Are You Confident of the Diagnosis?
What you should be alert for in the history
There are no salient clinical features specific for fibrosarcoma. Most patients lack constitutional symptoms; however, those with larger tumors or those with metastatic disease may have weight loss. The pediatric variant, infantile fibrosarcoma, also presents as a painless mass of variable dimensions. Some masses are present at birth, whereas most become evident during the first year of life.
Characteristic findings on physical examination
Patients will usually present with a painless mass. It may affect all aspects of the body, but has a predilection for the deep soft tissues of the lower extremities, followed by the upper extremities and trunk. Adult fibrosarcoma usually presents as a slow-growing mass, and may be present for a few weeks to years (Figure 1).
Unlike the adult form, infantile fibrosarcoma presents as a rapidly growing painless mass.
Expected results of diagnostic studies
Patients who present with soft tissue masses warrant the following diagnostic measures:
Physical exam: Evaluate the size, consistency, location, and mobility of the mass. Note its proximity to important neurovascular structures.
Imaging: Computed tomography (CT) scan of the chest to evaluate for metastatic lesions. Magnetic resonance imaging (MRI) with contrast of the primary site.
Biopsy: Histologic analysis is important to confirm the diagnosis and grade of the lesion.
Determine the stage (evidence of metastases), which will help dictate treatment modalities to be employed.
Pathologic evaluation will reveal: Spindle-shaped cells with indistinct borders, organized in a parallel (herringbone) fashion, and cells separated by collagen fibers.
The differential diagnosis should include fibromatosis, synovial sarcoma, undifferentiated pleomorphic sarcoma, and malignant peripheral nerve sheath tumor.
Fibromatosis (desmoid tumor)
Usually differentiated histologically
Contains more collagen and is less cellullar
Fascicular growth pattern not present, as it is in fibrosarcoma
The easiest method of differentiation is identification of t(x;18) via fluorescence in situ hybridization (FISH) or reverse transcriptase-polymerase chain reaction (RT-PCR).
Undifferentiated pleomorphic sarcoma
Typically arise in adults in the seventh decade
Histologically, cells exhibit a storiform to disorganized growth pattern with giant cells
Siderophages and xanthoma cells are also common
Malignant peripheral nerve sheath tumor (MPNST)
Histologically, lacks the long sweeping fascicles characteristic of fibrosarcoma, and cells will exhibit nerve sheath differentiation
S-100 protein, while not specific for MPNST, supports its diagnosis
Who is at Risk for Developing this Disease?
In adults, fibrosarcoma accounts for approximately 1%-3% of all soft tissue sarcomas. While once very prevalent, with an incidence of 65% in 1936, the incidence of fibrosarcoma has declined significantly. This can be attributed to a change in categorization by pathologists, enhanced histologic criteria, improved staining techniques, cytogenetics, and molecular genetics.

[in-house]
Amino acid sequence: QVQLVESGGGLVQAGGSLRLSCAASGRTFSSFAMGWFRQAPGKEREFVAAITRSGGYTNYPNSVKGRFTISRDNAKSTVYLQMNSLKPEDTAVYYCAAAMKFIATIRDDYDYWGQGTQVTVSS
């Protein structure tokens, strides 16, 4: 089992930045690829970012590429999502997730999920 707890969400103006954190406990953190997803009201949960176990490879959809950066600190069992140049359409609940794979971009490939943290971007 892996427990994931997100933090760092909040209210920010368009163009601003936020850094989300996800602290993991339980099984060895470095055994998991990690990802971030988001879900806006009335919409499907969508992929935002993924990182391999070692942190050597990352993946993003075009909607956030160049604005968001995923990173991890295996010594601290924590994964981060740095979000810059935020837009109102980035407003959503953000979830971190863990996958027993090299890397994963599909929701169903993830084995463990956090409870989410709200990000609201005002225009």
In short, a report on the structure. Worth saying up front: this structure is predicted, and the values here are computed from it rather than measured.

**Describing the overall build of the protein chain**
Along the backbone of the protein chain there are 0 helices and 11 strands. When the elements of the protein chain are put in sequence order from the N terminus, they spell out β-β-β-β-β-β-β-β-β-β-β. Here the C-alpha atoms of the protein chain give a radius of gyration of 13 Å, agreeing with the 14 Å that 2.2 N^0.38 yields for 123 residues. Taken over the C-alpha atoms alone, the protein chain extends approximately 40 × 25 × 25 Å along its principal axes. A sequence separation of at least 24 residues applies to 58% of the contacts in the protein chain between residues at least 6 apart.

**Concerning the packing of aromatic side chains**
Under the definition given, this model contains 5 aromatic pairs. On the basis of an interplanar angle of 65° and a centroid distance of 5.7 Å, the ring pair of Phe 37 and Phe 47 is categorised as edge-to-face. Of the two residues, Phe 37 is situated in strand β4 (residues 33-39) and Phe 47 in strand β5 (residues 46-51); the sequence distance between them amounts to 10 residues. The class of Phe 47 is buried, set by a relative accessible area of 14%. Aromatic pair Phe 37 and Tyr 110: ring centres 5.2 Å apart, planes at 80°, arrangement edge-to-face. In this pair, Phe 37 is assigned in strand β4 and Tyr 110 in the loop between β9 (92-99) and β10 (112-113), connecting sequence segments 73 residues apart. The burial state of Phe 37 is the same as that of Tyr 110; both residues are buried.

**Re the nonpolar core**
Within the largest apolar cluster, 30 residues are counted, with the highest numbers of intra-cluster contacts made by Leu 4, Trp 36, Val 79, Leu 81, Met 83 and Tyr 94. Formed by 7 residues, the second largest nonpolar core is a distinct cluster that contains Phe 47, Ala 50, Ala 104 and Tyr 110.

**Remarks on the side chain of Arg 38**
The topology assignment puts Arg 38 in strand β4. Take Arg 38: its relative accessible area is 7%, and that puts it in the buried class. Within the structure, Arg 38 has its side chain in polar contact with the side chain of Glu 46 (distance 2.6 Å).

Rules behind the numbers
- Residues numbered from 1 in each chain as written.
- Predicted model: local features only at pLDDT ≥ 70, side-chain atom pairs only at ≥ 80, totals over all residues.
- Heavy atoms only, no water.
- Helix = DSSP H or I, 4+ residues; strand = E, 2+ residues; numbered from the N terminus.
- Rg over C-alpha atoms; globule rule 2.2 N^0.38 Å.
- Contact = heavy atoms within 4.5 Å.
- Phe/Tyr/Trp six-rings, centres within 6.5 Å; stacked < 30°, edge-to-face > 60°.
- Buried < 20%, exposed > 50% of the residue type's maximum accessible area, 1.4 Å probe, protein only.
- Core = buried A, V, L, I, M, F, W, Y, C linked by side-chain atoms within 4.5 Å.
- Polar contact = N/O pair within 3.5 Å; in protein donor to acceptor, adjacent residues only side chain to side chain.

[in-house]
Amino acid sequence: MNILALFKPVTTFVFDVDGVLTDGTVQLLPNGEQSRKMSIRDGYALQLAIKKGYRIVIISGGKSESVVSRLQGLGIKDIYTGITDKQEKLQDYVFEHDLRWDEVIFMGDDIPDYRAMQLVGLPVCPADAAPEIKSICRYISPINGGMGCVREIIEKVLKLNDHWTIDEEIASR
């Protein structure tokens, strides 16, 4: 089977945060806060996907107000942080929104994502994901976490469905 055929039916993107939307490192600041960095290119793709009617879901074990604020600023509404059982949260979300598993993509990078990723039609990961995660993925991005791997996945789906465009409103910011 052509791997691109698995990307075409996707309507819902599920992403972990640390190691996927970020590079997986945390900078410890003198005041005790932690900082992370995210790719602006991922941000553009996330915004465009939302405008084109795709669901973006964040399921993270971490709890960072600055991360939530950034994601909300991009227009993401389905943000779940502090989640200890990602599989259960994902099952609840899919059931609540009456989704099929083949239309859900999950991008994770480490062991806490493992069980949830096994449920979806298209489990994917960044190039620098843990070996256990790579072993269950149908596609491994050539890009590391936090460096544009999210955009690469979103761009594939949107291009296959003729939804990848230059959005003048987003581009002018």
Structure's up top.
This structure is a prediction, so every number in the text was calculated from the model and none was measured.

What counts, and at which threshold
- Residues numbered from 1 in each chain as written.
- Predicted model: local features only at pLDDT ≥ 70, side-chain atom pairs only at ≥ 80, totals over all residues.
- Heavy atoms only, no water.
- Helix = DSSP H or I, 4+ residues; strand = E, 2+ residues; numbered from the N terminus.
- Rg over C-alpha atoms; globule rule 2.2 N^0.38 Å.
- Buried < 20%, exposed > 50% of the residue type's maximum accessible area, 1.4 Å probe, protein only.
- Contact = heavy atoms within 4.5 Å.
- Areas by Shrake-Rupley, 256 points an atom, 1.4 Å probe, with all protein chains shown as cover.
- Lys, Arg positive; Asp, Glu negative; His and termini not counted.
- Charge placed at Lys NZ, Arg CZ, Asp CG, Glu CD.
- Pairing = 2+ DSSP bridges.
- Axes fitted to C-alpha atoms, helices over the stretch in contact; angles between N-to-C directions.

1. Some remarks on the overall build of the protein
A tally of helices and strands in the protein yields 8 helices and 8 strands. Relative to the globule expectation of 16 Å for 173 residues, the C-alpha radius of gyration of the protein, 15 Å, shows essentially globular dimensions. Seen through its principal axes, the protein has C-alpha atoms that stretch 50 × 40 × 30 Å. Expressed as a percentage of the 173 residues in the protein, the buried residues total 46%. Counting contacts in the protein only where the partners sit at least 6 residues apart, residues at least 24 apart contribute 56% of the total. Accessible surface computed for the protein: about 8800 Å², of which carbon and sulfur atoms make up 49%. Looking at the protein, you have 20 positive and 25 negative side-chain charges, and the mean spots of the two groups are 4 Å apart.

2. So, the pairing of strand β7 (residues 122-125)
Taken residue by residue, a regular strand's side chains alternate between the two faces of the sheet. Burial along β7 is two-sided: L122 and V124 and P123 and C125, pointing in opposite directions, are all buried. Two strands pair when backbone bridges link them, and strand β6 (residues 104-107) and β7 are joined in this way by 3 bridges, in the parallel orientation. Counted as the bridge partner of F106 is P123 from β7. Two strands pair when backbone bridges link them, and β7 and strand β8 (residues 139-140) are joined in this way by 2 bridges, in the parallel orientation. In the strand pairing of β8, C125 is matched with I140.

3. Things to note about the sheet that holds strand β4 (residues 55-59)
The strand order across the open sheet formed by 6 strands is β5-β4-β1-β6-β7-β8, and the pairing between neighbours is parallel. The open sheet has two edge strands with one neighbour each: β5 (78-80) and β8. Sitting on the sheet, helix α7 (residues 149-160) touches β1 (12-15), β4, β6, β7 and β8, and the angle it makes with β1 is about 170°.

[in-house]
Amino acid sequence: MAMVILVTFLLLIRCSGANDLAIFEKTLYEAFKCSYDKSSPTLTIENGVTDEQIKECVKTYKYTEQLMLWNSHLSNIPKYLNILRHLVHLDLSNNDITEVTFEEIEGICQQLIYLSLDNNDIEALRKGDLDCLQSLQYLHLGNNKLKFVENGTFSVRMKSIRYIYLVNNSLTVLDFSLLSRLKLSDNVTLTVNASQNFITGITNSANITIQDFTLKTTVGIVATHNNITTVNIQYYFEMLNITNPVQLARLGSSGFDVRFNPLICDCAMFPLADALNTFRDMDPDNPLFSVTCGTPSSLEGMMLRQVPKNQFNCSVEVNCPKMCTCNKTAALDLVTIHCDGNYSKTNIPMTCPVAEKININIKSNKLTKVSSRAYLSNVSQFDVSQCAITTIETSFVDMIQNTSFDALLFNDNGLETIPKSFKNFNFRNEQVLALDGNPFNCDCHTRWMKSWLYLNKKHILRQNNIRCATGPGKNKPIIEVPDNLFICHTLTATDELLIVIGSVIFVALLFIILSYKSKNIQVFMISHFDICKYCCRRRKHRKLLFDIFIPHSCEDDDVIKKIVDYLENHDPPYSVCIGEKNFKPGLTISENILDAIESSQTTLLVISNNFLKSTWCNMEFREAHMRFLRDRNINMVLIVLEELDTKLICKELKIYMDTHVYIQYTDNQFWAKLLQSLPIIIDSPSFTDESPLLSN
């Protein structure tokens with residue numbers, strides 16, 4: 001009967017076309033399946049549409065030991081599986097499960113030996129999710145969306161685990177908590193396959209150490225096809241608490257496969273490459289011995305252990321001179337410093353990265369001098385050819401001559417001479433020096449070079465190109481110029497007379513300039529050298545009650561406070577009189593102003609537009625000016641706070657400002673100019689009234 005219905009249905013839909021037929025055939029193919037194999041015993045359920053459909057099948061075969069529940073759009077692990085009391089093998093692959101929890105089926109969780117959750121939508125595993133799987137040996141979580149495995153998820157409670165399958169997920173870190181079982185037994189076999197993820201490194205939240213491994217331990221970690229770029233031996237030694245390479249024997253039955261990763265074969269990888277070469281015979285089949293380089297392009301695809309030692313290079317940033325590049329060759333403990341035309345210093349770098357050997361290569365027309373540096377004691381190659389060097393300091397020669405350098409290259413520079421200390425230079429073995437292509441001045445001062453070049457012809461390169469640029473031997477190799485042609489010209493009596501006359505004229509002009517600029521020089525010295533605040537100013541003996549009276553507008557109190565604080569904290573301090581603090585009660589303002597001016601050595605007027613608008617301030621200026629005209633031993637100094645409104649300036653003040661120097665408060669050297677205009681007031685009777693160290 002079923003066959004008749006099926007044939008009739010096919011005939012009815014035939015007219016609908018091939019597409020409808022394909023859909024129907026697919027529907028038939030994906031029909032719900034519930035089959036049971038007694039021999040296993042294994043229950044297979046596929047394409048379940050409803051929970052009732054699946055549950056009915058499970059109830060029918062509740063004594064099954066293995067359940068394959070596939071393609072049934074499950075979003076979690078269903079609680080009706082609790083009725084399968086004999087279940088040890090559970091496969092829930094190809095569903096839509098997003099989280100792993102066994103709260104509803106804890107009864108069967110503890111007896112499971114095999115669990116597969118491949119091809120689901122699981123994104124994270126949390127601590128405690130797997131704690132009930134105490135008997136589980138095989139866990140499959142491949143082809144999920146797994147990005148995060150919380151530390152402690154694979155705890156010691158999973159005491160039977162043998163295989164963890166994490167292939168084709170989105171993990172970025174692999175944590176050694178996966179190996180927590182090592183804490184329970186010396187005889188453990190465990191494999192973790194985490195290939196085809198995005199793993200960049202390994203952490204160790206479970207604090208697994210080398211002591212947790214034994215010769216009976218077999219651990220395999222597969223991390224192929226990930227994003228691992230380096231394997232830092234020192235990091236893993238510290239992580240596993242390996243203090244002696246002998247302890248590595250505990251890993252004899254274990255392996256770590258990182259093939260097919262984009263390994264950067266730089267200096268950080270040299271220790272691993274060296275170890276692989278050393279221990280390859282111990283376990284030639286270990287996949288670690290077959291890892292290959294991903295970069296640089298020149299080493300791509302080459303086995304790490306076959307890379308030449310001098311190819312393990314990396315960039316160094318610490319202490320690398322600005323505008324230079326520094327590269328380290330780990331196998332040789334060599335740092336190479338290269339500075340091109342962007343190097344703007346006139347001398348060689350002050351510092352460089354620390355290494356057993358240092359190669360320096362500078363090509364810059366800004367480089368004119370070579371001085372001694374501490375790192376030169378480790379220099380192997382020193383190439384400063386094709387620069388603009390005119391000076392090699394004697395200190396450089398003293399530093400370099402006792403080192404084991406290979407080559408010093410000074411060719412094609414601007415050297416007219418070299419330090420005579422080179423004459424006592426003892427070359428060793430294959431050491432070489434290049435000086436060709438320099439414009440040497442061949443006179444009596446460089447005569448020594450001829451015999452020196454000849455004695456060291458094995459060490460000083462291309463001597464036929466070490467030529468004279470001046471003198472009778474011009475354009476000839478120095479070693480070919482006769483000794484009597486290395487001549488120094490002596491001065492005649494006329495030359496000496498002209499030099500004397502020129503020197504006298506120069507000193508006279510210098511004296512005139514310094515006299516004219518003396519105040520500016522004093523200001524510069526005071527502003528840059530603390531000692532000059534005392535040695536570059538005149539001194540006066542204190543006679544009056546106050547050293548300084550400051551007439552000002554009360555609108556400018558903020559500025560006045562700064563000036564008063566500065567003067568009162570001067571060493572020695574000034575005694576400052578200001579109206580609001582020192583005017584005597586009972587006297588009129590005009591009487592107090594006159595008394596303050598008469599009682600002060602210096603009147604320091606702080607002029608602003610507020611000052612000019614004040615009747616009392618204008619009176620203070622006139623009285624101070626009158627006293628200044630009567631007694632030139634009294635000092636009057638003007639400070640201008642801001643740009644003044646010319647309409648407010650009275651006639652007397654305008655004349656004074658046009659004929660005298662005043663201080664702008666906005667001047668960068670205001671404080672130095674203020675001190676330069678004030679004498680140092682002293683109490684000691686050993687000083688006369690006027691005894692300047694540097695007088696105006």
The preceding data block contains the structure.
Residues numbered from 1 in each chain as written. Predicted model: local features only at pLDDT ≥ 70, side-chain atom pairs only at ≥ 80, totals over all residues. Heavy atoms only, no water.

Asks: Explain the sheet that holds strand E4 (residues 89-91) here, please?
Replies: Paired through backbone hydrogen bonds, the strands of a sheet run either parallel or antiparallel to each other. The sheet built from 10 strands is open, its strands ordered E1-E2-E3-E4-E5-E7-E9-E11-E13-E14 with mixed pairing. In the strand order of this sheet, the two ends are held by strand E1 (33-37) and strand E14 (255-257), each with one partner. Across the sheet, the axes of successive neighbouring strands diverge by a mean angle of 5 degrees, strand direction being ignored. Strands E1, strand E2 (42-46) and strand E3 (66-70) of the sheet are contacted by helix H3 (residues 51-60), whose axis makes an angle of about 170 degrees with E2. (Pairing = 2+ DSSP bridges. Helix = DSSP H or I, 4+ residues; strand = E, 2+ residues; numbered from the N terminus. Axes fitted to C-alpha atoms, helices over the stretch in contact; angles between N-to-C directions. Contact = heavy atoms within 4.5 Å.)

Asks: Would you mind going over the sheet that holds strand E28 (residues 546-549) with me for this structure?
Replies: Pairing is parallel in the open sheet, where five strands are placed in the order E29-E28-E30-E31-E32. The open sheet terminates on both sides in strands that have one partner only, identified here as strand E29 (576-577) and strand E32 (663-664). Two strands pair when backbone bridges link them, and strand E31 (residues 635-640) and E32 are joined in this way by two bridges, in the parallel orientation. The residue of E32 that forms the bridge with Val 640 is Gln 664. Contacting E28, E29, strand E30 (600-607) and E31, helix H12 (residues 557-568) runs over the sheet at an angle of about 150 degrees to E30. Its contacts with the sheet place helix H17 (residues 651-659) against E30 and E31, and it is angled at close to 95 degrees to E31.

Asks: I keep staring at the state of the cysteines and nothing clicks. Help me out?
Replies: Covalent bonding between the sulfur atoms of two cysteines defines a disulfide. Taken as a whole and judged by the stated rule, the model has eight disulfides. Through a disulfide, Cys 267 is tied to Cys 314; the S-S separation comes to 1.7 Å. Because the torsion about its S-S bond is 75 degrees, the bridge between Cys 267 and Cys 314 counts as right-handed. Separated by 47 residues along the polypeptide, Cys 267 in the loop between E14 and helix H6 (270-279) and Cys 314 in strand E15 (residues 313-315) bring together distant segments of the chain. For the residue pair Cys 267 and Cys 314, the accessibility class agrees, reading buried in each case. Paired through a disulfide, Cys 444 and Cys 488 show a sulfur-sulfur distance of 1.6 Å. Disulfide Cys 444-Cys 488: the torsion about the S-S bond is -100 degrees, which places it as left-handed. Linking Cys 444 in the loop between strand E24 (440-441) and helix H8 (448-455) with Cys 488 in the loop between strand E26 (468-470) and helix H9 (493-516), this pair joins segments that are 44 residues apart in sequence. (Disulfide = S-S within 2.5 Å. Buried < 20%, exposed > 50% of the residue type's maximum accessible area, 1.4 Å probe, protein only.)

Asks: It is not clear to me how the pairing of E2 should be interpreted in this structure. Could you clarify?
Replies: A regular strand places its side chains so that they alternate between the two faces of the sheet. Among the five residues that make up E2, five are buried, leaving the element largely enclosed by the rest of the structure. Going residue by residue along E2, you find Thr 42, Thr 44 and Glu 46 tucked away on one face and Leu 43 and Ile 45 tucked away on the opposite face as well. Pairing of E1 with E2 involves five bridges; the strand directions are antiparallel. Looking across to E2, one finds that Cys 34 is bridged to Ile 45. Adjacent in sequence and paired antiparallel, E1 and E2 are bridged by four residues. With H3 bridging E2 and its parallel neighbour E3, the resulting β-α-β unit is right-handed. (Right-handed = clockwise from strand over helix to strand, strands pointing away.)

Fibrosarcoma usually affects middle-aged and older adults, specifically those aged 30-55 years of age. There is a slight male predominance. The current 5-year survival rate of 36% has been shown to negatively correlate with increasing tumor grade and inadequate surgical margins. The rate of local recurrence is increased in patients with inadequate surgical margins. The rate of metastasis is increased with increased grade and stage, however it is not associated with surgical margins. Sites of metastasis include the lung, followed by the skeleton.
Soft tissue sarcoma is rare in children, accounting for less than 1% of all childhood cancers and 10% of all childhood soft tissue sarcomas. It is usually diagnosed in the first year of life. Some are present at birth, but most become evident during the first year of life. There is a slight male predominance.
Infantile fibrosarcoma is characterized by t(12;15)(p13;q25) translocation and the fusion of ETV6 gene with neurotrophin-3 receptor (NTRK3). Infantile fibrosarcoma demonstrates a gain of chromosomes 8,11,17, and 20. The infantile form has a better prognosis than the adult form, with survival rates of 89%-100%. Incidence of metastases is less than 10% in children younger than 5 years of age, and increases to greater than 50% when the patient presents beyond 10 years of age.
In general, there are no patient populations specifically at risk for development of fibrosarcoma. Genetic factors may predispose to the development of sarcoma, e.g. Li-Fraumeni syndrome.
What is the Cause of the Disease?
The etiology of fibrosarcoma, like most soft tissue sarcomas, is unknown. Most arise sporadically.
In the adult form, there has been an association with trauma, chronic draining sinuses (i.e. draining osteomyelitis), areas where prosthetic vascular grafts have been placed, and in the vicinity of knee arthroplasty. The fibrous intra/intermuscular structures, fascia, tendons, and aponeurosis usually serve as the origin of fibrosarcoma. It may affect all aspects of the body but has a predilection for the deep soft tissues of the lower extremities, followed by the upper extremities and trunk.
Systemic Implications and Complications
There are no systemic disorders that are currently associated with the diagnosis of fibrosarcoma.
The preferred treatment method is wide surgical resection, to obtain negative margins. Wide surgical resection is associated with improved survival and decreased rate of local recurrence. In the event that negative margins are not obtained, radiation therapy may be considered.
Chemotherapy is usually reserved for patients with metastatic disease. There is a suggested role of pre-operative chemotherapy in infants, specifically with vincristine, actinomycin-D, and cyclophosphamide at 3-month intervals, especially in cases where amputation is required.
It has been suggested that the rate of local recurrence and overall survival may be improved with a multimodal approach that includes preoperative chemotherapy and radiation therapy, followed by local control and postoperative adjuvant chemotherapy or surgery and post-operative radiation.